The Wadden Sea World Heritage is of outstanding importance for birds. Here the birds enjoy a high availability of food. Also, some of the islands and high sands lack mammalian predators and human disturbance. Almost one million ground-breeding birds belonging to 31 species use the site. More than 25 % of the European populations of the Eurasian spoonbill, avocet, gull-billed tern and sandwich tern breed in the Wadden Sea Region.
According to the Ramsar Convention the Wadden Sea is essential for the existence of at least 52 populations of 41 migratory waterbird species that use the East Atlantic Flyway. For example, almost the entire population of dark-bellied brent goose and the entire European and West-Russian population of dunlin use the Wadden Sea during certain periods of the annual cycle. Only here do they find enough food to complete their journeys, covering thousands of kilometres.
Many birds use the Wadden Sea only briefly; others do so for several months and use the area to gain enough energy for further migration. Other species spend the whole winter in the area. Therefore, the annual total number of birds using the area (up to 12 million) is much higher than the total numbers present at any one time. The Wadden Sea is one of the most significant sites for coastal birds in the world.
The Joint Monitoring Migratory and Breeding Bird groups (JMMB, JMBB) are composed of national coordinators responsible for trilateral bird count coordination, breeding success monitoring, assessment and reporting. The results are published in biannual trilateral trend reports.
Wadden Sea Flyway Initiative (WSFI)
The designation as World Heritage site by UNESCO is a recognition of the Wadden Sea’s crucial importance and responsibility for the conservation of migratory birds on a global scale. Upon request by UNESCO, the Trilateral Wadden Sea Cooperation (TWSC) aims to strengthen cooperation on management and research activities with States Parties on the African Eurasian Flyways, which play a significant role in conserving migratory species along these flyways. The Wadden Sea Flyway Initiative (WSFI) was launched in 2012 to implement this request.
The Initiative envisions that
“migratory birds find lasting refuge along the East Atlantic Flyway from northern breeding areas to their key Wadden Sea stopover and to the African coastline, and inspire and connect people for future generations”.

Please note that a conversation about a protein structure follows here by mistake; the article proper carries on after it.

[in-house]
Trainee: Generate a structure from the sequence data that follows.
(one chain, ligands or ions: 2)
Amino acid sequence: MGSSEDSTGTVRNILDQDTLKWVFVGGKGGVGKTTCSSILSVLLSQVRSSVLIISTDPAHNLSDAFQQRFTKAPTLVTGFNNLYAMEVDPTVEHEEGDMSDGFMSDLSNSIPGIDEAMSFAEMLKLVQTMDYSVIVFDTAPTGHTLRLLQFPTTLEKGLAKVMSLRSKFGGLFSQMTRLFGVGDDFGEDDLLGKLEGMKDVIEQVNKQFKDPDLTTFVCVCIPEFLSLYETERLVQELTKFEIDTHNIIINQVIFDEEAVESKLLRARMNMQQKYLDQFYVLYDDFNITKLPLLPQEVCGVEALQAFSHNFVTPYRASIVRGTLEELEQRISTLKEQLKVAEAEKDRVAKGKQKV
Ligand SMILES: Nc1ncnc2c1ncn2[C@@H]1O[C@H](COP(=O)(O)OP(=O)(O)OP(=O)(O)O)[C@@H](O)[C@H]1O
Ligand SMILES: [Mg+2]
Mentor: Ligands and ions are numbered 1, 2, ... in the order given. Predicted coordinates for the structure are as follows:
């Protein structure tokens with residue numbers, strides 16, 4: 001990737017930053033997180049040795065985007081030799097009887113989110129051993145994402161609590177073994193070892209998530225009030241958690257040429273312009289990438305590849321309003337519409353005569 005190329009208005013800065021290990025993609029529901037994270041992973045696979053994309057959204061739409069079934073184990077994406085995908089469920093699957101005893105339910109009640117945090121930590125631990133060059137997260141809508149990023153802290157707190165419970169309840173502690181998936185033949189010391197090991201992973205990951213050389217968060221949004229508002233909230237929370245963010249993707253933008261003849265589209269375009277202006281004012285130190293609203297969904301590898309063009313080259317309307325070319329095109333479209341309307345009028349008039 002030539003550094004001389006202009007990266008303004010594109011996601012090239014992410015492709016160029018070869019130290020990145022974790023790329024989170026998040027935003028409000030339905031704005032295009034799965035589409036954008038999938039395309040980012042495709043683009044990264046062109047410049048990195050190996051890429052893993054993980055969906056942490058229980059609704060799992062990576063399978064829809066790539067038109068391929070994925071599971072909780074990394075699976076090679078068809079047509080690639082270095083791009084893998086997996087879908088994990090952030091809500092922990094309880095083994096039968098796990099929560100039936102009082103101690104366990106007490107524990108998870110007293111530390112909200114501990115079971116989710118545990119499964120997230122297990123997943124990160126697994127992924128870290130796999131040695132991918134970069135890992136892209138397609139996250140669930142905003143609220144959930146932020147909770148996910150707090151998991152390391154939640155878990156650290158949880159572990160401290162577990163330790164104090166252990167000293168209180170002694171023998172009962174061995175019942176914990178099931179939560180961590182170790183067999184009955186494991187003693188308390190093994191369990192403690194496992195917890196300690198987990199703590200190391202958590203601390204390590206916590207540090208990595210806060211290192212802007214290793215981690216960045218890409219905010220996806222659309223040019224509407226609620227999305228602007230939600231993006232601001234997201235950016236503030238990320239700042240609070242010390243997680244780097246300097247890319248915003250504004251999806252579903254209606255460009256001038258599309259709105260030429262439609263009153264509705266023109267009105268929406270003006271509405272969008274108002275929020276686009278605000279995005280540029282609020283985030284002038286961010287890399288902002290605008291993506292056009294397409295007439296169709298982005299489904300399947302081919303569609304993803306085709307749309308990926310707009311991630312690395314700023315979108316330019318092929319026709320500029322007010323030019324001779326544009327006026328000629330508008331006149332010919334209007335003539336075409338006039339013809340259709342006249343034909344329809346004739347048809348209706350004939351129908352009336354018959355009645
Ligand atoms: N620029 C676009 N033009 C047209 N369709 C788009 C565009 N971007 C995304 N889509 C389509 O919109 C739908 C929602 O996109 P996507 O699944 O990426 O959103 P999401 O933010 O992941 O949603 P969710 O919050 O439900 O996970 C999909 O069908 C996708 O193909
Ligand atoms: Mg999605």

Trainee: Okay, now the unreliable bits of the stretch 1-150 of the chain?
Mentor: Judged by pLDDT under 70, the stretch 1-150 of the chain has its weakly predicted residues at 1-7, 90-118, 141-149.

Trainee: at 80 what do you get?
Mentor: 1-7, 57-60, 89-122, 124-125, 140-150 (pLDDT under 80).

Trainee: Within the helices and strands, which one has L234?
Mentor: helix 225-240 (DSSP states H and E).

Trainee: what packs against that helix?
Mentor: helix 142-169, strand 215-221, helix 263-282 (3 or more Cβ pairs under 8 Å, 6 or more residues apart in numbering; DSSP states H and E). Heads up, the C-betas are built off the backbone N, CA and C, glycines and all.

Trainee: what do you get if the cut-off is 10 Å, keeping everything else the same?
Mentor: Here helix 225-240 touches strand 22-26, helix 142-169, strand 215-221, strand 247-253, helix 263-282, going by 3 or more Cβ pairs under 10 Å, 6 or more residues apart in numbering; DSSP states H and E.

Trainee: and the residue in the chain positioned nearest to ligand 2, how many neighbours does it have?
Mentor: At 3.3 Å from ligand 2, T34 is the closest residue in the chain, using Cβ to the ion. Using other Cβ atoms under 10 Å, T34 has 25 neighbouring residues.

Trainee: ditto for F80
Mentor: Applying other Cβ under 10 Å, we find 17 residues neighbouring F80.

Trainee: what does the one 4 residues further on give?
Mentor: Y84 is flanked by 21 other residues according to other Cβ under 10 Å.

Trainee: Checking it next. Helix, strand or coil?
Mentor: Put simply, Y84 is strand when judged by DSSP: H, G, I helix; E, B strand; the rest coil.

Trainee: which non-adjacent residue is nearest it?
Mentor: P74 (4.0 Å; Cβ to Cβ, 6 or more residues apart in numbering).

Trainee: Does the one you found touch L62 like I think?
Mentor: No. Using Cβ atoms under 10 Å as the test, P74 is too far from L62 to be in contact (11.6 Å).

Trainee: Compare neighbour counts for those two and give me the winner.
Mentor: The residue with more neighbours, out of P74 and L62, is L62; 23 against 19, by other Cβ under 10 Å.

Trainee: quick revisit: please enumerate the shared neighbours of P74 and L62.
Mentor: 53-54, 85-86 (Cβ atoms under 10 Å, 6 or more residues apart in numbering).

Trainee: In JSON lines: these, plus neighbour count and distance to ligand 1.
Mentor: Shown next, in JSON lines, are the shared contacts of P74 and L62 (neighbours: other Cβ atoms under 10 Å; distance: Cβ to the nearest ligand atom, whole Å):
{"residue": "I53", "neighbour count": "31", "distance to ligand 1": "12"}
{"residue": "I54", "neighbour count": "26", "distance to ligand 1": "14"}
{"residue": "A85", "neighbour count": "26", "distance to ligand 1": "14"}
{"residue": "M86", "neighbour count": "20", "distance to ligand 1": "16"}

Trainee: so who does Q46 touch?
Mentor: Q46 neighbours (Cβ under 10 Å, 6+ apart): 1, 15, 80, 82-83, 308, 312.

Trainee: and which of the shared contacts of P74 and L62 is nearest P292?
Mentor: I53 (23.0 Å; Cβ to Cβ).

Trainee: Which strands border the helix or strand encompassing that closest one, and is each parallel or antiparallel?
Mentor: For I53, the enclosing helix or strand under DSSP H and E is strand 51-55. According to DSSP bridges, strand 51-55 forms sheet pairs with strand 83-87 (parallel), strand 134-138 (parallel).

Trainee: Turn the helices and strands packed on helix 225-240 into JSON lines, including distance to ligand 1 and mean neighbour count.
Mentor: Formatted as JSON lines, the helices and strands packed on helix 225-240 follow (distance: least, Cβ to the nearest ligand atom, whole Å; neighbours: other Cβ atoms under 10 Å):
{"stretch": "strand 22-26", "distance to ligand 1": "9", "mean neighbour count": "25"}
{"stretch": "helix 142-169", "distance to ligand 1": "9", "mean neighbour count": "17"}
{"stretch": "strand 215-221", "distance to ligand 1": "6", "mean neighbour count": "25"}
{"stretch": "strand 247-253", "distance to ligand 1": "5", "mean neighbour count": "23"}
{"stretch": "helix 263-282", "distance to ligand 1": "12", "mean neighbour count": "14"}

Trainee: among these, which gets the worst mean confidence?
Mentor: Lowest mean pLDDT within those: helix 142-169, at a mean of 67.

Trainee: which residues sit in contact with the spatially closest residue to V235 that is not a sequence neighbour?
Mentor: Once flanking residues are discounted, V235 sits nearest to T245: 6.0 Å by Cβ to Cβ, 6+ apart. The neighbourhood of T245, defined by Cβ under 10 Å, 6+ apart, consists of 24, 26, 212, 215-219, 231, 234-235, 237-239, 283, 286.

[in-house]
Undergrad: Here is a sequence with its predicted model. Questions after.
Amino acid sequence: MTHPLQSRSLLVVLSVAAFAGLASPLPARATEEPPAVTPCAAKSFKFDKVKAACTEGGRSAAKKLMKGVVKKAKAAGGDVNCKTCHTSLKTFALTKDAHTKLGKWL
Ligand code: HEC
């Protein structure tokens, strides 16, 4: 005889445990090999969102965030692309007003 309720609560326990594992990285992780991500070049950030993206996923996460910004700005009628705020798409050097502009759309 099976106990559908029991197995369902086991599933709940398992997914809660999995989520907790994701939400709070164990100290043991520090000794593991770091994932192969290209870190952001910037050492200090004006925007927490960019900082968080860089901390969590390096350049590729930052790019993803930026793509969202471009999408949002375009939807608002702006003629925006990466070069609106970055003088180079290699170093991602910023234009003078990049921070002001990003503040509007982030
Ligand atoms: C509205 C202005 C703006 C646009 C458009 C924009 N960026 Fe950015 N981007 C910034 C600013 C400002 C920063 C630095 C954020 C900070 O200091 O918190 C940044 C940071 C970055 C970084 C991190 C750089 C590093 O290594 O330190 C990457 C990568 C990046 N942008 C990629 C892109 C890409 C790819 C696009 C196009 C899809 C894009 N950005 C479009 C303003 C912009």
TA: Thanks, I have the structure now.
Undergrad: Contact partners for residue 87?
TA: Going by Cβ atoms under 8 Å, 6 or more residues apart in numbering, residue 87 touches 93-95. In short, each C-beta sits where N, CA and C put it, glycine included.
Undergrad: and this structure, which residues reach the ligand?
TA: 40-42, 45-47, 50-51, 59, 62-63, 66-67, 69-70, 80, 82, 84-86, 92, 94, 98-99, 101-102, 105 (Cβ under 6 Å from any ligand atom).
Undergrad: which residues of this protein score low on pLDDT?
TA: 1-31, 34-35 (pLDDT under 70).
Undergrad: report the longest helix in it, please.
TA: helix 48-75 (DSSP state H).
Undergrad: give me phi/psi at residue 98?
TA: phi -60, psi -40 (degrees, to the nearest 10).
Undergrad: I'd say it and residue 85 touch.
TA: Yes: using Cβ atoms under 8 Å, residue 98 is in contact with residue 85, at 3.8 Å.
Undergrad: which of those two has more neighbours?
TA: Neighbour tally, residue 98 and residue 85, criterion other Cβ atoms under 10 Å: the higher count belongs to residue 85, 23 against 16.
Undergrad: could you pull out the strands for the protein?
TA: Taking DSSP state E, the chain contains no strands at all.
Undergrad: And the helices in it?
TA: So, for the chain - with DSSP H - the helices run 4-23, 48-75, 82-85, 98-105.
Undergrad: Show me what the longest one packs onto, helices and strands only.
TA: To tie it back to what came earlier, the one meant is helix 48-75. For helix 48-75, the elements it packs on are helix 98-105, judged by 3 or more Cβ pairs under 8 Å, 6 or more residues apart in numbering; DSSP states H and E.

The WSFI focusses on capacity building and promotes monitoring of birds along the East Atlantic Flyway (EAF). Regional and local capacity building and training workshops, management plans and education material, as well as concrete facilities like boats and bird observatories form measures to improve management of habitats and conservation of migratory water birds along the African Atlantic seaboard. In the winters of 2014 and 2017, the WSFI partners successfully conducted total counts of migratory birds with comparable data sets. The results give an overview and a status of Wadden Sea migratory bird populations along the EAF.
An overview of past activities can be viewed here.
Collaboration along the East Atlantic Flyway
The implementation of the Flyway Vision can only be implemented with a strong network and together with already active partners along the EAF. Therefore WSFI focussed already from the beginning on local, national, regional and international partnerships in particular with Birdlife International, Wetlands International and Agreement on the Conservation of African-Eurasian Waterbirds (AEWA). But also the national NGOs, conservation institutions, schools and communities are of utmost importance for a successful flyway management. In West Africa, strong ties have been drawn to the most important migratory bird sites; with the World Heritage site Banc d’Arguin (Memorandum of Understanding) in Mauritania and Bijagós in Guinea Bissau.
The East Atlantic Flyway explained